Ramaphosa allows alcohol sales in adjusted alert level 2 lockdown

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By Thys Khiba

Johannesburg – In his statement about progress in the national effort to contain the Covid-19 pandemic, President Cyril Ramaphosa has afforded the liquor industry some relief as he, this time, made no major restrictions on the restaurants, taverns or liquor stores.

Liquor traders have written to President Cyril Ramaphosa sharing their concerns regarding the imminent ban on operations in the liquor industry.

National Liquor Traders Council, Lucky Ntimane
National Liquor Traders Council, Lucky Ntimane

“Non-essential establishments like restaurants, bars, and fitness centres will need to close by 10pm. This is to allow their employees and patrons to travel home before the start of the curfew,” said President Ramaphosa.

Therefore, the hours of curfew will start at 11pm and end at 4am.

This follows discussions at the National Coronavirus Command Council with Premiers, mayors, and traditional healers, which has influenced the Cabinet to place South Africa on Adjusted Alert Level 2.

“Based on these discussions, Cabinet has therefore decided that the country will be placed on Adjusted Alert Level 2,” said President Ramaphosa.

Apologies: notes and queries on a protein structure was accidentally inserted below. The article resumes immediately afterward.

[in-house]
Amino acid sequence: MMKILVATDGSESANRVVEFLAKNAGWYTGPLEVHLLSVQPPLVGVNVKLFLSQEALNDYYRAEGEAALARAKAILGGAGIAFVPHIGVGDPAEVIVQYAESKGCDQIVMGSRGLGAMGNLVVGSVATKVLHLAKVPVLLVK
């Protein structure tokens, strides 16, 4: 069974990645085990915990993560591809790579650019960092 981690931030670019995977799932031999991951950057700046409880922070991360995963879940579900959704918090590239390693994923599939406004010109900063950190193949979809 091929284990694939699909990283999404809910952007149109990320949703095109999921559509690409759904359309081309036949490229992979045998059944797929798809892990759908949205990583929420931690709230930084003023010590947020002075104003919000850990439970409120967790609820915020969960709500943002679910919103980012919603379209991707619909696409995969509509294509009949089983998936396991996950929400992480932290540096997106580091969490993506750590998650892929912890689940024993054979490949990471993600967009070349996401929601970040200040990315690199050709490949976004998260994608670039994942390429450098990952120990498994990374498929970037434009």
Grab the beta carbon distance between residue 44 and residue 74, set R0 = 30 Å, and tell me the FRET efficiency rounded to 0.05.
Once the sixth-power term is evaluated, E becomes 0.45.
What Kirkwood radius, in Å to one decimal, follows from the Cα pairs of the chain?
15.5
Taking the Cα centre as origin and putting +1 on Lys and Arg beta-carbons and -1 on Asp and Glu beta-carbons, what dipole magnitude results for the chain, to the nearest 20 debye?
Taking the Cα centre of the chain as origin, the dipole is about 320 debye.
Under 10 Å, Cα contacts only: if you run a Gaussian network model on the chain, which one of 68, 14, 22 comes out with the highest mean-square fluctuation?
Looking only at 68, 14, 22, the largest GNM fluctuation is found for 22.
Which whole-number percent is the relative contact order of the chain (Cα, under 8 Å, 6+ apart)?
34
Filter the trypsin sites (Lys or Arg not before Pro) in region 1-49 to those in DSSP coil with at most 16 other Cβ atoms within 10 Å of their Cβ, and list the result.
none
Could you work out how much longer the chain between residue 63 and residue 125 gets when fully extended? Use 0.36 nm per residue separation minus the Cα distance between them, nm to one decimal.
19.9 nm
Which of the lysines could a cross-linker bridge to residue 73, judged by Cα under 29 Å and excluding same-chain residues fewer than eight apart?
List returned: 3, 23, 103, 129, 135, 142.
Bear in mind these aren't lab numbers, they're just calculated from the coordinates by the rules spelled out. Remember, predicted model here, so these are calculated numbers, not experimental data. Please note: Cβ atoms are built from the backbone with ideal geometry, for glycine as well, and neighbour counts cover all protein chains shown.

Ramaphosa announced that all gatherings are expected to be limited to a maximum of 100 people indoors and 250 people outdoors.

Taxi operators and buildings managers need to ensure that people on their premises and vehicles, wear masks and social distancing should be observed.

“Funerals remain restricted to no more than 100 people, and, as before, night vigils, after-funeral gatherings and ‘after-tears’ gatherings are not allowed,” said President Ramaphosa.

Ramaphosa has also expressed his concerns about a third wave of infections to be experienced by South Africa.

Meanwhile, the National Liquor Traders Council and the Liquor Traders Association of South Africa have written letters to the President requesting a meeting to discuss the possible alcohol sales ban.

“There is no doubt that as a country, one of the most important lessons that we have learnt from our past experiences of dealing with a pandemic is that we can still fight Covid-19 with a less negative impact on our economy,” said National Liquor Traders Council, Lucky Ntimane.

Ntimane has also said that liquor traders should be allowed to operate in strict standards and if restrictions were to be imposed, they should be balanced.


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